RE: [RFC v2] /dev/iommu uAPI proposal

From: Tian, Kevin
Date: Wed Jul 28 2021 - 00:04:36 EST

Hi, David,

> From: David Gibson <david@xxxxxxxxxxxxxxxxxxxxx>
> Sent: Monday, July 26, 2021 12:51 PM
> On Fri, Jul 09, 2021 at 07:48:44AM +0000, Tian, Kevin wrote:
> > /dev/iommu provides an unified interface for managing I/O page tables for
> > devices assigned to userspace. Device passthrough frameworks (VFIO,
> vDPA,
> > etc.) are expected to use this interface instead of creating their own logic to
> > isolate untrusted device DMAs initiated by userspace.
> >
> > This proposal describes the uAPI of /dev/iommu and also sample
> sequences
> > with VFIO as example in typical usages. The driver-facing kernel API
> provided
> > by the iommu layer is still TBD, which can be discussed after consensus is
> > made on this uAPI.
> >
> > It's based on a lengthy discussion starting from here:
> >
> iommu/20210330132830.GO2356281@xxxxxxxxxx/
> >
> > v1 can be found here:
> >
> iommu/PH0PR12MB54811863B392C644E5365446DC3E9@PH0PR12MB5481.n
> >
> > This doc is also tracked on github, though it's not very useful for v1->v2
> > given dramatic refactoring:
> >
> Thanks for all your work on this, Kevin. Apart from the actual
> semantic improvements, I'm finding v2 significantly easier to read and
> understand than v1.
> [snip]
> > 1.2. Attach Device to I/O address space
> > +++++++++++++++++++++++++++++++++++++++
> >
> > Device attach/bind is initiated through passthrough framework uAPI.
> >
> > Device attaching is allowed only after a device is successfully bound to
> > the IOMMU fd. User should provide a device cookie when binding the
> > device through VFIO uAPI. This cookie is used when the user queries
> > device capability/format, issues per-device iotlb invalidation and
> > receives per-device I/O page fault data via IOMMU fd.
> >
> > Successful binding puts the device into a security context which isolates
> > its DMA from the rest system. VFIO should not allow user to access the
> > device before binding is completed. Similarly, VFIO should prevent the
> > user from unbinding the device before user access is withdrawn.
> >
> > When a device is in an iommu group which contains multiple devices,
> > all devices within the group must enter/exit the security context
> > together. Please check {1.3} for more info about group isolation via
> > this device-centric design.
> >
> > Successful attaching activates an I/O address space in the IOMMU,
> > if the device is not purely software mediated. VFIO must provide device
> > specific routing information for where to install the I/O page table in
> > the IOMMU for this device. VFIO must also guarantee that the attached
> > device is configured to compose DMAs with the routing information that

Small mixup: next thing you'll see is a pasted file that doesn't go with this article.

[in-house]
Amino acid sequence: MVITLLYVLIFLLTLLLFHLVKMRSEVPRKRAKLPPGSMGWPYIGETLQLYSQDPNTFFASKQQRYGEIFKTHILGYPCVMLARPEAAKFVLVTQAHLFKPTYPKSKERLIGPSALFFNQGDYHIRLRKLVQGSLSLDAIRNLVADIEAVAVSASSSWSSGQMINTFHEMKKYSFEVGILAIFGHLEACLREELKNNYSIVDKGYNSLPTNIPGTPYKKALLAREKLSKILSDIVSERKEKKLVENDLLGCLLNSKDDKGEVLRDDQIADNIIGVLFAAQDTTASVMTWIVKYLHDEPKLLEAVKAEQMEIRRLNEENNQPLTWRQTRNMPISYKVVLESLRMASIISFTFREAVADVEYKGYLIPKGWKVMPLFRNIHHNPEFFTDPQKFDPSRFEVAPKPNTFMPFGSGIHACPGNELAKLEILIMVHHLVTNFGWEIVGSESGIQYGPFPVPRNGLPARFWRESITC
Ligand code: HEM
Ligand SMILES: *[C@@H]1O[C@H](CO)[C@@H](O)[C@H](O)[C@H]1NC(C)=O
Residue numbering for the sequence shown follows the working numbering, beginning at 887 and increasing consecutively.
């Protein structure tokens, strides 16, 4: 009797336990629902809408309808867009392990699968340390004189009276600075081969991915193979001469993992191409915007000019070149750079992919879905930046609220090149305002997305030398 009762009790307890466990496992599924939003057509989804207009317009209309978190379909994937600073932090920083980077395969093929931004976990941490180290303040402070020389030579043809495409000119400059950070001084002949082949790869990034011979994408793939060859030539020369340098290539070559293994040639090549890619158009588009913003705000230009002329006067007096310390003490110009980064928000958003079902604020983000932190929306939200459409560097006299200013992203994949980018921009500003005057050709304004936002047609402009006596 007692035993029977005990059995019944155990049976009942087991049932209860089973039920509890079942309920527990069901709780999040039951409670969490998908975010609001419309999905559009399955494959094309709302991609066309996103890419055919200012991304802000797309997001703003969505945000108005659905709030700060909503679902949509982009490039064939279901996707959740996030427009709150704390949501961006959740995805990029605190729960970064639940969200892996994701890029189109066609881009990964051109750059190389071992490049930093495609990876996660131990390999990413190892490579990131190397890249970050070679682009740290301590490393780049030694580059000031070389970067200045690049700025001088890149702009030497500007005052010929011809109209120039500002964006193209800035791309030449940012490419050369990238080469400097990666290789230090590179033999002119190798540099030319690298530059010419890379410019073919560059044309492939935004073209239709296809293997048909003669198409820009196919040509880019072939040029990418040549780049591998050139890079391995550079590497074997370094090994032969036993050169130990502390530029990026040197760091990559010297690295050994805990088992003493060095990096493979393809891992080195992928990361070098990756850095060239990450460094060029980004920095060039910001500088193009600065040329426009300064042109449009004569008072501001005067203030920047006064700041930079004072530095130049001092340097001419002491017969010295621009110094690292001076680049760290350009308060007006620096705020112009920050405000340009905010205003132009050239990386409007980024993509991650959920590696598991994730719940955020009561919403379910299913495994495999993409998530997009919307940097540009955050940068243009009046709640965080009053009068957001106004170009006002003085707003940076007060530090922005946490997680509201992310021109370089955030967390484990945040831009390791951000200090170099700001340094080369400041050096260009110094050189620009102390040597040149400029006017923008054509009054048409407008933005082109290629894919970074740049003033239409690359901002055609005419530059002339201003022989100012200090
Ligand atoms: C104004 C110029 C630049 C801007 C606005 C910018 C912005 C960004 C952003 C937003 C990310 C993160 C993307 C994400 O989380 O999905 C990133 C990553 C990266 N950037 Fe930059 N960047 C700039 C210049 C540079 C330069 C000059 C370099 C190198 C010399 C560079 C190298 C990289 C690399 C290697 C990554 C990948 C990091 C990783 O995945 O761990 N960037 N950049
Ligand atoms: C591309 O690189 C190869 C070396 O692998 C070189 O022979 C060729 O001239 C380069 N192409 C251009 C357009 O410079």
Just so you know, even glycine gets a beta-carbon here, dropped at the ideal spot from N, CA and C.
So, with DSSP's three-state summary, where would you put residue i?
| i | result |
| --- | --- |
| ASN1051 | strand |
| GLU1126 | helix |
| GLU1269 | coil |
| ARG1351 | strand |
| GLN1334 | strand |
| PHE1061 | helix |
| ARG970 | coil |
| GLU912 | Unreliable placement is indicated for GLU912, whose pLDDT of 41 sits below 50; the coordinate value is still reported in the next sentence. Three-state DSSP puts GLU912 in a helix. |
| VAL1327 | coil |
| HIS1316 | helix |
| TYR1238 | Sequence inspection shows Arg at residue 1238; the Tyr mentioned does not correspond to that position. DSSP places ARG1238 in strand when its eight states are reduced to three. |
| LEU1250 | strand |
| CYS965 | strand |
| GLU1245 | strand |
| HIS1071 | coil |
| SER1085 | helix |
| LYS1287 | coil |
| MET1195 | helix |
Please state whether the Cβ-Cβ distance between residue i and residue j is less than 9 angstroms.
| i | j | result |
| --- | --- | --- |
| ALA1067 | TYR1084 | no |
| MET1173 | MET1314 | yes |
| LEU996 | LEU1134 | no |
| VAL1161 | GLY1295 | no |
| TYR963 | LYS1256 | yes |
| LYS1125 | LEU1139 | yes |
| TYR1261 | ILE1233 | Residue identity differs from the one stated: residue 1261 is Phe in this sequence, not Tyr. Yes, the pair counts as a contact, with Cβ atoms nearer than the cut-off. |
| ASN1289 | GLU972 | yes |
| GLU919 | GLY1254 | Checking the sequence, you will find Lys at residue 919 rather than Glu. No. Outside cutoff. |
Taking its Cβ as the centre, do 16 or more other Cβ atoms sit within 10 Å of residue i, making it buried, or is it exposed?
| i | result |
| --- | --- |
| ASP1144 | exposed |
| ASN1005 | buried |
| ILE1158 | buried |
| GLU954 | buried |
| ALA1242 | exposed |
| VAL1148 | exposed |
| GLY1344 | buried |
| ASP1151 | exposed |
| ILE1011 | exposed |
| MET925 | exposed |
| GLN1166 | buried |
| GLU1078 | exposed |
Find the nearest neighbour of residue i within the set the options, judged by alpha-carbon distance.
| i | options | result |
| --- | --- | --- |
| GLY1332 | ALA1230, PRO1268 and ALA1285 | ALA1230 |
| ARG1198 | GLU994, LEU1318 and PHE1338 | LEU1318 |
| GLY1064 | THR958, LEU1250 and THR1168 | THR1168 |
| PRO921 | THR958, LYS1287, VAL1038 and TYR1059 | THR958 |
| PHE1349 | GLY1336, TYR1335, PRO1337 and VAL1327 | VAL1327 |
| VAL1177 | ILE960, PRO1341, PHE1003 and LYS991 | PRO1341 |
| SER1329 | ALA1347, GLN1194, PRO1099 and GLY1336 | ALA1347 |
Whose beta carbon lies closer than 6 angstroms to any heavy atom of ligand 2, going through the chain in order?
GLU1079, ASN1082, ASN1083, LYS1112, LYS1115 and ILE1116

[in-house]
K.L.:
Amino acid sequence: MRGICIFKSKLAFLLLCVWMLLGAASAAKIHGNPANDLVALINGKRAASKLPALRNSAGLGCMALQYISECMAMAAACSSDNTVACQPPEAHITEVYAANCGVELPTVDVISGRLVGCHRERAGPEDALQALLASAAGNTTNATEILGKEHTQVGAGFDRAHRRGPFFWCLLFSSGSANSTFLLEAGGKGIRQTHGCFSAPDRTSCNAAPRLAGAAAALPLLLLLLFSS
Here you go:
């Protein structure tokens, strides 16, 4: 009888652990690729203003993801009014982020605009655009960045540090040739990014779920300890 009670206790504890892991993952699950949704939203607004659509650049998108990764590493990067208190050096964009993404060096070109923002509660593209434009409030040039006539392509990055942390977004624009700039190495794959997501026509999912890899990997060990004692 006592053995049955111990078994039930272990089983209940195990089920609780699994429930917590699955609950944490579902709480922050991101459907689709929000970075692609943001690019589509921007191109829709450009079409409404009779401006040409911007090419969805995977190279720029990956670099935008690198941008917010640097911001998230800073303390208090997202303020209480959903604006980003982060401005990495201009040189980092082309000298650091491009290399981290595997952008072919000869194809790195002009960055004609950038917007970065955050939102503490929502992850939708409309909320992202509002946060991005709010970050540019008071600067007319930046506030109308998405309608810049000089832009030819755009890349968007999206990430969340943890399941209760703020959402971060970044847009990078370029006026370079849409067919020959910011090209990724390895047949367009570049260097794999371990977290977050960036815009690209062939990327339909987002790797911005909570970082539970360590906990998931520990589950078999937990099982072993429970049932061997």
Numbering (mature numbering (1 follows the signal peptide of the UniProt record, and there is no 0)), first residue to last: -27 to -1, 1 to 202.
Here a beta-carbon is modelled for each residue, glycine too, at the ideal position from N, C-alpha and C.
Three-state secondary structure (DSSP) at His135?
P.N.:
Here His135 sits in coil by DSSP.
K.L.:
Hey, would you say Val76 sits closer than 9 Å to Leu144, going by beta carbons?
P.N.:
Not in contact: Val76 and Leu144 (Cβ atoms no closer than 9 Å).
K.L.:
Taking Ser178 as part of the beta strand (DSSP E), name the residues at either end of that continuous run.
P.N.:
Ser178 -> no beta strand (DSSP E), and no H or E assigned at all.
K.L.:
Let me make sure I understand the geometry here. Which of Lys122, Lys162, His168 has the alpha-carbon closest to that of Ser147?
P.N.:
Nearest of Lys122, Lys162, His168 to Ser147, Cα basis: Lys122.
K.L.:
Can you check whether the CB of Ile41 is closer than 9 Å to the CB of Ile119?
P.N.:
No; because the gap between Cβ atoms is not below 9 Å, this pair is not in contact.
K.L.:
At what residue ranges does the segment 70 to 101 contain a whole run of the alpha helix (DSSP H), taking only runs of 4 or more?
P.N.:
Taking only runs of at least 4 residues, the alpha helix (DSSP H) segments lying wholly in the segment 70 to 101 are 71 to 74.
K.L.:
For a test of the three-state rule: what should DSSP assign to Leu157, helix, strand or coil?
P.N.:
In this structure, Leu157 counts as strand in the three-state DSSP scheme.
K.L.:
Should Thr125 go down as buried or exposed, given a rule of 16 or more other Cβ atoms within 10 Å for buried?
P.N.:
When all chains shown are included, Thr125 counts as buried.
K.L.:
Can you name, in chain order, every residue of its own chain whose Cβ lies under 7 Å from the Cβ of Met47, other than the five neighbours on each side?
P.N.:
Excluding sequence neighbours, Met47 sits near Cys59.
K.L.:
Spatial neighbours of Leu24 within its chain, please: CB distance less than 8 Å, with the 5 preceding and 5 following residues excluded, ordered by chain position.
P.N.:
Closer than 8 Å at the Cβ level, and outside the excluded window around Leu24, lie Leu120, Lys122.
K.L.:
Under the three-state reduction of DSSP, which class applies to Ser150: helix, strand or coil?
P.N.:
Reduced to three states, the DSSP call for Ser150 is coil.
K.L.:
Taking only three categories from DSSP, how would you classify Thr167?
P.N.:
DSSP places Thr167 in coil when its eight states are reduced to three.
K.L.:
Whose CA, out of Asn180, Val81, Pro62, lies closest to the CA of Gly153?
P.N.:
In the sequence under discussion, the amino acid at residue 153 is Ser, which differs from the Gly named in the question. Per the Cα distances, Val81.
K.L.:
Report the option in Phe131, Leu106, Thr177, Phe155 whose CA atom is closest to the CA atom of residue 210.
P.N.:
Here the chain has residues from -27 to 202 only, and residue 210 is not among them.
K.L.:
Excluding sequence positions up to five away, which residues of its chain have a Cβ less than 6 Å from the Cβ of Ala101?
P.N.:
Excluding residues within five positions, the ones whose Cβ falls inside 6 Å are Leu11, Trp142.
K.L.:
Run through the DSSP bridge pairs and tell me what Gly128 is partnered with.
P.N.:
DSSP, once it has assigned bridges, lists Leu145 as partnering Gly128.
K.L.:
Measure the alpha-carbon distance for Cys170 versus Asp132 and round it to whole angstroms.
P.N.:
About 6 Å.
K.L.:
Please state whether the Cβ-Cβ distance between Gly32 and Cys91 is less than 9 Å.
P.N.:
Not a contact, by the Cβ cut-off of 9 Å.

> > is provided in the attaching call. When handling DMA requests, IOMMU
> > identifies the target I/O address space according to the routing
> > information carried in the request. Misconfiguration breaks DMA
> > isolation thus could lead to severe security vulnerability.
> >
> > Routing information is per-device and bus specific. For PCI, it is
> > Requester ID (RID) identifying the device plus optional Process Address
> > Space ID (PASID). For ARM, it is Stream ID (SID) plus optional Sub-Stream
> > ID (SSID). PASID or SSID is used when multiple I/O address spaces are
> > enabled on a single device. For simplicity and continuity reason the
> > following context uses RID+PASID though SID+SSID may sound a clearer
> > naming from device p.o.v. We can decide the actual naming when coding.
> >
> > Because one I/O address space can be attached by multiple devices,
> > per-device routing information (plus device cookie) is tracked under
> > each IOASID and is used respectively when activating the I/O address
> > space in the IOMMU for each attached device.
> >
> > The device in the /dev/iommu context always refers to a physical one
> > (pdev) which is identifiable via RID. Physically each pdev can support
> > one default I/O address space (routed via RID) and optionally multiple
> > non-default I/O address spaces (via RID+PASID).
> >
> > The device in VFIO context is a logic concept, being either a physical
> > device (pdev) or mediated device (mdev or subdev). Each vfio device
> > is represented by RID+cookie in IOMMU fd. User is allowed to create
> > one default I/O address space (routed by vRID from user p.o.v) per
> > each vfio_device. VFIO decides the routing information for this default
> > space based on device type:
> >
> > 1) pdev, routed via RID;
> >
> > 2) mdev/subdev with IOMMU-enforced DMA isolation, routed via
> > the parent's RID plus the PASID marking this mdev;
> >
> > 3) a purely sw-mediated device (sw mdev), no routing required i.e. no
> > need to install the I/O page table in the IOMMU. sw mdev just uses
> > the metadata to assist its internal DMA isolation logic on top of
> > the parent's IOMMU page table;
> >
> > In addition, VFIO may allow user to create additional I/O address spaces
> > on a vfio_device based on the hardware capability. In such case the user